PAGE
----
London, United Kingdom
|Campus setting||Contact the university / college|
|Living cost||Contact the university / college|
|Student population||Large (More than 10,000)|
Oxford has 102 libraries, of which 30 belong to the Bodleian Library group, Oxford's central research library. With over 11 million volumes housed on 120 miles (190 km) of shelving, the Bodleian group is the second-largest library in the UK, after the British Library. It is a legal deposit library, which means that it is entitled to request a free copy of every book published in the UK. As such, its collection is growing at a rate of over three miles (five kilometres) of shelving every year. Its main central site consists of the unique Bodleian Library in the Old Schools Quadrangle, founded by Sir Thomas Bodley in 1598 and opened in 1602, the Radcliffe Camera, the Clarendon Building, and the New Bodleian Building. A tunnel underneath Broad Street connects these buildings. Other libraries within the Bodleian’s remit include the Bodleian Law Library, Indian Institute Library, Radcliffe Science Library, theOriental Institute Library and the Vere Harmsworth US History Library.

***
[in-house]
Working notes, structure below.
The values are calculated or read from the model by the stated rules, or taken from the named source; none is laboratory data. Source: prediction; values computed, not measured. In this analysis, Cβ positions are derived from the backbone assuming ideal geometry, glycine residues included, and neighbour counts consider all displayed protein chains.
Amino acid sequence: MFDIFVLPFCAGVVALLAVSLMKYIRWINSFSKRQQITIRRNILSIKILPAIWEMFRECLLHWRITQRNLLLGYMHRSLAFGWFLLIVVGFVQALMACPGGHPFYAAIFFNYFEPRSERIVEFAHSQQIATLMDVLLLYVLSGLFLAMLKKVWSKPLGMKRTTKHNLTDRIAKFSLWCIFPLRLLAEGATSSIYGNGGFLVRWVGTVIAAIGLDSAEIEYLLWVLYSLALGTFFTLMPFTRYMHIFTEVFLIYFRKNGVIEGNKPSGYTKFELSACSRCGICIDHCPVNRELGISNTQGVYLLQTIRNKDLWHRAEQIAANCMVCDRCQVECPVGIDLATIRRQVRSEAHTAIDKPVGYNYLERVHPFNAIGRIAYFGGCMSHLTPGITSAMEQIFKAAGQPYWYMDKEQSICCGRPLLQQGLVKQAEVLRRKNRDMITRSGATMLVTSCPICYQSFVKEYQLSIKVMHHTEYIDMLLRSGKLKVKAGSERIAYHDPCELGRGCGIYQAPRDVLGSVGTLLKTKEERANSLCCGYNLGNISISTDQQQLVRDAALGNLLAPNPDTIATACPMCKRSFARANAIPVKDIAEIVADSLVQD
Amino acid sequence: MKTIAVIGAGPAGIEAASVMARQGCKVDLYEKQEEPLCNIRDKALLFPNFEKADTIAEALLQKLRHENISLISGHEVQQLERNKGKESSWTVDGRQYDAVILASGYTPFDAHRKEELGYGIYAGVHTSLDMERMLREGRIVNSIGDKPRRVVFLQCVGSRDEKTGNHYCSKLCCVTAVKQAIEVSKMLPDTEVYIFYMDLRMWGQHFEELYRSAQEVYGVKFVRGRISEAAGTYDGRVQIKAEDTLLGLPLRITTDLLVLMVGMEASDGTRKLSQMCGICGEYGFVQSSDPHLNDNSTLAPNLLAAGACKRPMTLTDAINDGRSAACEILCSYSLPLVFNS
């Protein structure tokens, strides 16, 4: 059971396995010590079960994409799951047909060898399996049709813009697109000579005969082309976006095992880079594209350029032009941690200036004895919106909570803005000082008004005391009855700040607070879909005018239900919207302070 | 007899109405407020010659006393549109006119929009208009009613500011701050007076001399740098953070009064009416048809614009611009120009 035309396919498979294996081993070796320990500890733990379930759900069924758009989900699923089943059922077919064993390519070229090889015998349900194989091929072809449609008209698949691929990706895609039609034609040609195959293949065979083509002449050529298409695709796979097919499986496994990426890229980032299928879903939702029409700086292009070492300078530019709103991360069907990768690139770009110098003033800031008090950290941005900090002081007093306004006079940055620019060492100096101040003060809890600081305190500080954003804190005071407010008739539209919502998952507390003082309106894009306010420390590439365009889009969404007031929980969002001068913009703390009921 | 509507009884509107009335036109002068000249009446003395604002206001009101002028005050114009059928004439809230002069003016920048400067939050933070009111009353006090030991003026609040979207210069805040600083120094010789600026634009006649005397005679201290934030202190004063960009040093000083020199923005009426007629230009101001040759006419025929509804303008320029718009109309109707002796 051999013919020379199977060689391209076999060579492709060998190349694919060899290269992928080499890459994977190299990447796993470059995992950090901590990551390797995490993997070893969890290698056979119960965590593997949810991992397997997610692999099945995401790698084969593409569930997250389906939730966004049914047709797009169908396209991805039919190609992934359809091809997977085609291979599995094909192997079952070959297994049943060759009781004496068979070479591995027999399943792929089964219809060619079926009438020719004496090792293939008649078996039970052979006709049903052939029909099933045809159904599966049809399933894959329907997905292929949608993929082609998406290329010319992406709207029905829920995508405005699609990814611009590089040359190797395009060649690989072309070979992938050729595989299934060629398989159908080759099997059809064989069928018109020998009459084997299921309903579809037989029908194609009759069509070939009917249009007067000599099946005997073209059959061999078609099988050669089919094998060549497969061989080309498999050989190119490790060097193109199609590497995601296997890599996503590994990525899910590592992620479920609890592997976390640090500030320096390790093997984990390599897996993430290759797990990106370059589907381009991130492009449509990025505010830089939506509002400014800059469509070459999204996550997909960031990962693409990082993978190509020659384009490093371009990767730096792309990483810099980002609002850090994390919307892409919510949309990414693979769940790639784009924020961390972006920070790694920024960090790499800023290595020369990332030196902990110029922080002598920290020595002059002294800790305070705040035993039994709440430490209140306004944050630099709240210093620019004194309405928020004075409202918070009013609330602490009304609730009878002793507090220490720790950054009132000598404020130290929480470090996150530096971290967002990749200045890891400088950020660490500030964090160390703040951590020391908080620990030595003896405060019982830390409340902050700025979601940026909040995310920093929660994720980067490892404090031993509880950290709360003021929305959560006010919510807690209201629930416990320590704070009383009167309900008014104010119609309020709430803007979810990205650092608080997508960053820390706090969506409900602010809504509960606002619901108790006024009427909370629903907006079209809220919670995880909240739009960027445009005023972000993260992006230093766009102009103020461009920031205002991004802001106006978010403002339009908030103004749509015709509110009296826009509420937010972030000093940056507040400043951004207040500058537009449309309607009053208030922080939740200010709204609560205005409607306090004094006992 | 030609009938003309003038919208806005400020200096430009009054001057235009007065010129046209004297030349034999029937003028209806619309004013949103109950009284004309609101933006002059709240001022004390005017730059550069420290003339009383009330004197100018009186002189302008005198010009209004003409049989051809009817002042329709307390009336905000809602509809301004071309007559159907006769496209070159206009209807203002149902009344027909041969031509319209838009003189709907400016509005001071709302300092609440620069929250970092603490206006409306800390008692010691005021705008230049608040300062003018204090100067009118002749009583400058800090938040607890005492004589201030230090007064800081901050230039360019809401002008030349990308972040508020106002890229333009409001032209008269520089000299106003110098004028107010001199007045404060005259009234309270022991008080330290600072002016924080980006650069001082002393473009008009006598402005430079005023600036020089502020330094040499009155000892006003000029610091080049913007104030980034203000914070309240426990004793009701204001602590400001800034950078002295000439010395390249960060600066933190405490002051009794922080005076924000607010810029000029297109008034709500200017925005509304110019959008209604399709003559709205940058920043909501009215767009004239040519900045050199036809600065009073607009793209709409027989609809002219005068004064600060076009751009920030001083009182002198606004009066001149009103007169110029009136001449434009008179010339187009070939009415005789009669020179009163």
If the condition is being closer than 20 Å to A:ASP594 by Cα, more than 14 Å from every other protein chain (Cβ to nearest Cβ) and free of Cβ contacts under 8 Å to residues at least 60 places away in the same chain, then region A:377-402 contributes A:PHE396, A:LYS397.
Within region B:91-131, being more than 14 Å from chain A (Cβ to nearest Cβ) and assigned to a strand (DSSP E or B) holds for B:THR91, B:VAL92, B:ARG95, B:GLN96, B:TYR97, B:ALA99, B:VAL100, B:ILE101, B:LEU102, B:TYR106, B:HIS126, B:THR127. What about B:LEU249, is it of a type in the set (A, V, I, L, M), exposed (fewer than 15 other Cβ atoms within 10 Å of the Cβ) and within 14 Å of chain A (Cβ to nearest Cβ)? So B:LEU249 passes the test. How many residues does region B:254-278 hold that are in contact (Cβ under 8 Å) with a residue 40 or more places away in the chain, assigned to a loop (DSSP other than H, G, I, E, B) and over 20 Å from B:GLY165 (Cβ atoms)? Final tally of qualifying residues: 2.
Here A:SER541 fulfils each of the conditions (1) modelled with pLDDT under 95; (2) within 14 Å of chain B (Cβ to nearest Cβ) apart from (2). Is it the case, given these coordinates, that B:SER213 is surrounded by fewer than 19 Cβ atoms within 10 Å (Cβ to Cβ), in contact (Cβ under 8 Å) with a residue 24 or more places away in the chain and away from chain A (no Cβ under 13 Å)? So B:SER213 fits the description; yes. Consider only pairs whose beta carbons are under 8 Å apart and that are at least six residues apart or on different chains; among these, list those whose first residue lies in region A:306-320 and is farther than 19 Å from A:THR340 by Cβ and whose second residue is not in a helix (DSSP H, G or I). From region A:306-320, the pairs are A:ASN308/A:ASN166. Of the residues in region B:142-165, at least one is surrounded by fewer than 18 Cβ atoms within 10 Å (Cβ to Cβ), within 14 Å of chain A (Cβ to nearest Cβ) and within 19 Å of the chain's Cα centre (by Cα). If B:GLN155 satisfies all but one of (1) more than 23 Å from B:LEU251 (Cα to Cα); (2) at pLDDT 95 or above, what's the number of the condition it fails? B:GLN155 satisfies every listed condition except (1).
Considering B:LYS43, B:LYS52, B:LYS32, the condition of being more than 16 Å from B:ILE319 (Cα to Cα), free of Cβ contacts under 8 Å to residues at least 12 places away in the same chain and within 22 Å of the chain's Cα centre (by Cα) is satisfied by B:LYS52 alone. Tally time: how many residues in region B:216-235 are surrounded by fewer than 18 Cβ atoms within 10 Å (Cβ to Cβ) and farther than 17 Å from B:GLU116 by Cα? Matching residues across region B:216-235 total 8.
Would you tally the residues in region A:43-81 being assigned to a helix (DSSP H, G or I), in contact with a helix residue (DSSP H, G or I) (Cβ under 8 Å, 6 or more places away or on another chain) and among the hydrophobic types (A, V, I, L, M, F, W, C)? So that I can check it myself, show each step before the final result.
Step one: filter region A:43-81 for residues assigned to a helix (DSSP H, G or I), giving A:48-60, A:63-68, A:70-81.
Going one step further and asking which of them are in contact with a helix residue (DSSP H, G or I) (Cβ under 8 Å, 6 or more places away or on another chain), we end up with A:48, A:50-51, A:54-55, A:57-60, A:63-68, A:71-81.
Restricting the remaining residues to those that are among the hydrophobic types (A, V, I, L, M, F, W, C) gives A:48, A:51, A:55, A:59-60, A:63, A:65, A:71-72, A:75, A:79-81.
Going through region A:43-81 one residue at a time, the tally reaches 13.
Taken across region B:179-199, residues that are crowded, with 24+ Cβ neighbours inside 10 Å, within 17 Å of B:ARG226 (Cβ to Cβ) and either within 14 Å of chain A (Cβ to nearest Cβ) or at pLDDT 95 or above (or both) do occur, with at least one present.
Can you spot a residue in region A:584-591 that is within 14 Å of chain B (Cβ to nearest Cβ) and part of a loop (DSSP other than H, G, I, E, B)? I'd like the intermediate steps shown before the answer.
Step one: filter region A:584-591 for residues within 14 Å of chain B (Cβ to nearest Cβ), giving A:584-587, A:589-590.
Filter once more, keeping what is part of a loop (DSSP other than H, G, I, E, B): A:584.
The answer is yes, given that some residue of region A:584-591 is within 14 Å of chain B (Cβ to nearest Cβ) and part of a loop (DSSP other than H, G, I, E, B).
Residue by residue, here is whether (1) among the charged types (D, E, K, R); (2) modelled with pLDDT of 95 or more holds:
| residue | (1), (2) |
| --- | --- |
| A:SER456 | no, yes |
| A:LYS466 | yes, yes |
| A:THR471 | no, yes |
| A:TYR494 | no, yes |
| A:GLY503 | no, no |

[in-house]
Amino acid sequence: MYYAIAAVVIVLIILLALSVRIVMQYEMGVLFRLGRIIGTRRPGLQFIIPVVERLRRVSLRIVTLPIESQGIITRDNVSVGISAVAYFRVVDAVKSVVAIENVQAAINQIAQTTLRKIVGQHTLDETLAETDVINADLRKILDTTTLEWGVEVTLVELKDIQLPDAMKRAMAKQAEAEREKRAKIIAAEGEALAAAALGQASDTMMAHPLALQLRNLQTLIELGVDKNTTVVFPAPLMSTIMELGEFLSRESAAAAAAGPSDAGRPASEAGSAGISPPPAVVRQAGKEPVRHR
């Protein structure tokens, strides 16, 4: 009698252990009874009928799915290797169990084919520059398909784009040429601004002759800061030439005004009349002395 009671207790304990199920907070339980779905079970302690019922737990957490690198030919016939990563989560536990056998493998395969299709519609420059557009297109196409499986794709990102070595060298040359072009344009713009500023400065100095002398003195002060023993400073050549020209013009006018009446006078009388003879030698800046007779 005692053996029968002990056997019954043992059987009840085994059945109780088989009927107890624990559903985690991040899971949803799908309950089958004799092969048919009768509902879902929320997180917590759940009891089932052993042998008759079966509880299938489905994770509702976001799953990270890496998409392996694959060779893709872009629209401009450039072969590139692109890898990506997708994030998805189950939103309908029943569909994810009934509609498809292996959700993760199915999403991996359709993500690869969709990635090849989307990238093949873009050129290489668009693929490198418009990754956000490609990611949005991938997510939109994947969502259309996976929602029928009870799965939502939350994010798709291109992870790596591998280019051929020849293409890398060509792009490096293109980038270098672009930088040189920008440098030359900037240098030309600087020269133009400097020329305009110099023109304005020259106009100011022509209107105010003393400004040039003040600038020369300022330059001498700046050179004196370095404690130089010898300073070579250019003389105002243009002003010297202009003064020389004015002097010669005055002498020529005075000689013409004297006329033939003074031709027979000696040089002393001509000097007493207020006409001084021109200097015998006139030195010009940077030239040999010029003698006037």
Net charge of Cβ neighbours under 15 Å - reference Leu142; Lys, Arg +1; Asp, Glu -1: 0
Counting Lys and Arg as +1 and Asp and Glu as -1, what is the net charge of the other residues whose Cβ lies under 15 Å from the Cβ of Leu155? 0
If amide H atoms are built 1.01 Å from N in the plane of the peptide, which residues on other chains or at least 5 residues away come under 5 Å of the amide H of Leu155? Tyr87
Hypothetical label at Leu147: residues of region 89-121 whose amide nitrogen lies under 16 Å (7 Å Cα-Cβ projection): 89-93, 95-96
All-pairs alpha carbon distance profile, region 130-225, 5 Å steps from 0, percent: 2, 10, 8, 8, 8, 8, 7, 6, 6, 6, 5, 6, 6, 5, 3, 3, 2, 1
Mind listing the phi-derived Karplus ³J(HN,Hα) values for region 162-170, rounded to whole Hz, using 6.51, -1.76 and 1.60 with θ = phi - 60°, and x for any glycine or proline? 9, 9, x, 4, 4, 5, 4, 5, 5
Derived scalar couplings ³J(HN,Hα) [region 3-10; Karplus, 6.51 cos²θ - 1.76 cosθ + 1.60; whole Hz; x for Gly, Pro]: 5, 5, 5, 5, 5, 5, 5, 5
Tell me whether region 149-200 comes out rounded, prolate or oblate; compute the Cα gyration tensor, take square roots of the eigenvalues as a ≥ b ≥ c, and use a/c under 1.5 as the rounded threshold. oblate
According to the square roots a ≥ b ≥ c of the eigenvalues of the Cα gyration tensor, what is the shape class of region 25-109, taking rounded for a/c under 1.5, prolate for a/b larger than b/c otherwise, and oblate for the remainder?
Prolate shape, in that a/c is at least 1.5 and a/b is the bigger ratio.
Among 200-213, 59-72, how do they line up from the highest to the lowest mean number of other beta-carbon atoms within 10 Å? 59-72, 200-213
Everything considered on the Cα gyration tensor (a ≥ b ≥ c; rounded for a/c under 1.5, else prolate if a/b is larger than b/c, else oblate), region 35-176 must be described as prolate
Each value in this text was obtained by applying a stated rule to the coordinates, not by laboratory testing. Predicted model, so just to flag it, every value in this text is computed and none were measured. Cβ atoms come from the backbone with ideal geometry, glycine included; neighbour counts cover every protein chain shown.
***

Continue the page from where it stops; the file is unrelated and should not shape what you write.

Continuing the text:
Oxford maintains a number of museums and galleries in addition to its libraries. The Ashmolean Museum, founded in 1683, is the oldest museum in the UK, and the oldest university museum in the world. It holds significant collections of art and archaeology, including works by Michelangelo, Leonardo da Vinci, Turner, and Picasso, including treasures such as the Scorpion Macehead, the Parian Marble and the Alfred Jewel. It also contains "The Messiah", a pristine Stradivarius violin, regarded by some as one of the finest examples in existence.
Oxford is about 60 miles (90 kms) northwest of London and has excellent road and national rail links. Regular coach services connect Oxford with the capital and also with Heathrow, Gatwick and Luton airports.